“Two things…” I say, pleasantly. “Who’s ‘we’? And secondly,” I let my aggressive and secretive fingers march forward again. Opposite me the snarl returns. “‘caught up with’ is different to ‘caught’…” I continue. “and, anyway, how can you catch what doesn’t exist?” I realise how close I’ve been to the edge, and how cleverly he built the tension so that I would miss it…

But he wasn’t expecting the rebuff of logic, and seems happy to pass over my preposterous posturing of being alone at the scene of the crime and moving an ancient stone in an action impossible for a single person, even with tools.

“Ah, Ben,” he smiles. “What’s the point playing games, anymore.” I can tell he’s sliding the ace down the inside sleeve of his pale, blue shirt. “Surely Don and Wen would understand that you’ve been through enough?”

It’s a hammer blow–that their names are known, but I cling to my remaining handhold – that ‘we’ was a strange construct under these circumstances. Its demolition doesn’t take long.

“And as to your first point,” he says, looking very smug. The Chief Constable is a close friend,” he leans back in a chair, a chair I’ve suddenly noticed is both leather and new. “In fact, we play golf together…. so there’s your ‘we’.”

“And the bad news?” I manage, weakly.

“Ah the bad news,” he says, looking like he’s about to light a cigar. “Poor Graham Rumins–your former guard, here, I believe you called him Yellow Eyes–most amusing… has suffered a seizure and we’ve had to retire him.” He looked at me as though I have achieved a minor victory, but one which can easily be sacrificed in the greater game.  “He won’t be back. I’m afraid; instead–”

The quiet man with the premature grey hair interrupts, “–Roger Sylvester,” he actually gets up to come over and shake my hand. “I don’t know the full facts of how you got here, Ben, but I’ll do my best to ensure your inappropriate stay is as comfortable as I can make it…”

The pale blue eyes that have lived through much are steady. They are full of integrity. I was not expecting this intrusion of reality into this madhouse of elsewhere power-politics, apparently centred on me. “Thank you,” I say sincerely to the new face. In reply, he simply nods, and looks across at the Governor in a very strange way…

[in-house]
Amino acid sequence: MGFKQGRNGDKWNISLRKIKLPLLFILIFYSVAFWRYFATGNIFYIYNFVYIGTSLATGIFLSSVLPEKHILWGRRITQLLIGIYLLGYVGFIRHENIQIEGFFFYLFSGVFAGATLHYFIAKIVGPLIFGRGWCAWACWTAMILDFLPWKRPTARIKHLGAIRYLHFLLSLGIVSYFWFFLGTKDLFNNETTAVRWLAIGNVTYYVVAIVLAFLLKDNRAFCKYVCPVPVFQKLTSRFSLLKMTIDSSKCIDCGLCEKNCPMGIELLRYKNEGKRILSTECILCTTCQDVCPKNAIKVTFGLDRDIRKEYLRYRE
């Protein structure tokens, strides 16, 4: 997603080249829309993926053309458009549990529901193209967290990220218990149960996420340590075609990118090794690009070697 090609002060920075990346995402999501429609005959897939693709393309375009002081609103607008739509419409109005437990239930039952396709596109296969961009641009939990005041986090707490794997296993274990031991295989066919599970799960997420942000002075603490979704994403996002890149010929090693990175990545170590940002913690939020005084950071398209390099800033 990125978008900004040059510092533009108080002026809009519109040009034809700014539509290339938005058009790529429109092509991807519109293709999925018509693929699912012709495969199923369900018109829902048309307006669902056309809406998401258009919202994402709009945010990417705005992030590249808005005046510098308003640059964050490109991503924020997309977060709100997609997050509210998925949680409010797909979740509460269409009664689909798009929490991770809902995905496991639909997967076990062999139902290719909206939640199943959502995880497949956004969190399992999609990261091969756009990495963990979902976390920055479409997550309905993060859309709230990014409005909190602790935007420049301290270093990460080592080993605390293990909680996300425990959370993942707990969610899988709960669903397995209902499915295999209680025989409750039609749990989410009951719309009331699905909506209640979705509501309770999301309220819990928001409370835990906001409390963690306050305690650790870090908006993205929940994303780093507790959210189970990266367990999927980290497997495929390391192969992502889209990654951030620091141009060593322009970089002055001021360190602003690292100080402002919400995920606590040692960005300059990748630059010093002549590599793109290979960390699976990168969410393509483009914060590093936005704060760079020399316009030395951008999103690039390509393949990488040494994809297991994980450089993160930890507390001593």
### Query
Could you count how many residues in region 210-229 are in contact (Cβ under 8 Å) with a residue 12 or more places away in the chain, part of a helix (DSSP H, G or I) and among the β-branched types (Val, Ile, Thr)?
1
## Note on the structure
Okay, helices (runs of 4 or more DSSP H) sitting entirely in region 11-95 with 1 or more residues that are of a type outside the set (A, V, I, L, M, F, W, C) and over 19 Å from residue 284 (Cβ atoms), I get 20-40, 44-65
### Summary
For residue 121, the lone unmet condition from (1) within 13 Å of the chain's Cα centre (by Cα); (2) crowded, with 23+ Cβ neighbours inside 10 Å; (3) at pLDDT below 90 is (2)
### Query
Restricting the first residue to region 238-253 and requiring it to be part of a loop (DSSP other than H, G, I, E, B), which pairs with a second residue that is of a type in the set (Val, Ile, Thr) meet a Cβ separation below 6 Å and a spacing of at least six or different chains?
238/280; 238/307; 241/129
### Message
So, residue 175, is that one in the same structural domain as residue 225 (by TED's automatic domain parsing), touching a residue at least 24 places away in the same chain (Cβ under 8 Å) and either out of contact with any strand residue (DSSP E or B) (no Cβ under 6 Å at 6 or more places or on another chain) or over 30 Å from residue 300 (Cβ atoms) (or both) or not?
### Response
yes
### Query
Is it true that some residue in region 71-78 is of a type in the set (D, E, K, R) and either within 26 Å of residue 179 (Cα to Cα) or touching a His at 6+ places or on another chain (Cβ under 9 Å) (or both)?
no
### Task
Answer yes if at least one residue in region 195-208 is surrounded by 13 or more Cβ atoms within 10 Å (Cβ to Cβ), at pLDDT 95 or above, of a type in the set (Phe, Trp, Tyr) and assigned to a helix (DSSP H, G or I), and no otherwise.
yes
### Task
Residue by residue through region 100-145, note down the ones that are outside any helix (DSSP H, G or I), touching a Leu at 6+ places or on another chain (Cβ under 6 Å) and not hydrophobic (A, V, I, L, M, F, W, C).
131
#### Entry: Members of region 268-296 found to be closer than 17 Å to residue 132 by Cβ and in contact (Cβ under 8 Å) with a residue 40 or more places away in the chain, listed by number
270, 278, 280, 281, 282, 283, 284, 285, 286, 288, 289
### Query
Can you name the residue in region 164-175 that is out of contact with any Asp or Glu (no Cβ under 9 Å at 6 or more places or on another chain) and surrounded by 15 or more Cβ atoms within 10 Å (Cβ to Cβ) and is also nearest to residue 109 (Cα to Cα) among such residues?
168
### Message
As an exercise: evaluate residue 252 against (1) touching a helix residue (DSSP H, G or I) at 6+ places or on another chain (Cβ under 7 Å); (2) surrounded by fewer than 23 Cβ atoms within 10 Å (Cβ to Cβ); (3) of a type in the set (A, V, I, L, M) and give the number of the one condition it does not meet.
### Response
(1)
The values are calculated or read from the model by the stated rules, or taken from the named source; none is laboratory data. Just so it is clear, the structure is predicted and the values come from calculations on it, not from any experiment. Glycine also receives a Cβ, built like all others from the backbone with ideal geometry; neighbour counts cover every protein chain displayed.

“That will be all, Ben… for now,” says the Governor. “Don’t leave the country, will you…” he chortles, then barks, again, at his own joke. “We still have the firearms charge to pursue, not to mention the detailed analysis Dr Grey and his assistant want to carry out on your state of mental health… apparently, there are rumours that your ‘unconventional’ actions contributed to the collapse of your former guard?”

Roger Sylvester, my new gaoler, takes me back to Cell One. He opens the old door and ushers me in. He’s about to close it behind me but stops, leaving it half open. “Don’t suppose you fancy a cup of tea?” he asks. Mute with shock, I nod and he walks off down the corridor to get it himself, leaving the door still open.

When he returns, a few minutes later, he has two mugs of steaming tea and an old fashioned game of solitaire, wrapped in a clear plastic bag, which he lays on the bed. “Marco left this for you,” he says. “So don’t invent a way of breaking out centred on an ingenious use of white marbles…please…” Then, noting my smile, he looks at the wooden board and its old muslin bag of pieces.

“Used to be in the navy,” his face creases with what looks like an ironic smile. “Good game for passing the time – can teach you all sorts of things…”

With that he leaves with his tea. But I don’t hear the door lock.

<See index below for other parts of this story>

———————————————————–< to be continued-

Ben’s Bit is a continuing first-person narrative of the character created by Stuart France and Sue Vincent, which may bear some relation to the author of this story, Steve Tanham, their fellow director of the Silent Eye School of Consciousness.  In their book, Scions of Albion, Ben is arrested for his overly enthusiastic part in a mad escapade, and the other two are nowhere to be seen . . .  For more, enjoy their Doomsday series of books, and the new series (Lands of Exile) whose first volume, But ‘n’ Ben is now available in Kindle and Paperback. Click here for details.

Index to Ben’s Bits:

Part One, Part Two, Part Three, Part Four, Part Five, Part Six, Part Seven, Part Eight, Part Nine, Part Ten,

Sue Vincent describes her and Stuart’s perspective on Ben’s imprisonment: Part One, Part Two

The Doomsday Series of books by Stuart France and Sue Vincent

The Silent Eye School of Consciousness – a modern mystery school.

Other books by Steve Tanham.

Silent Eye modern masterAA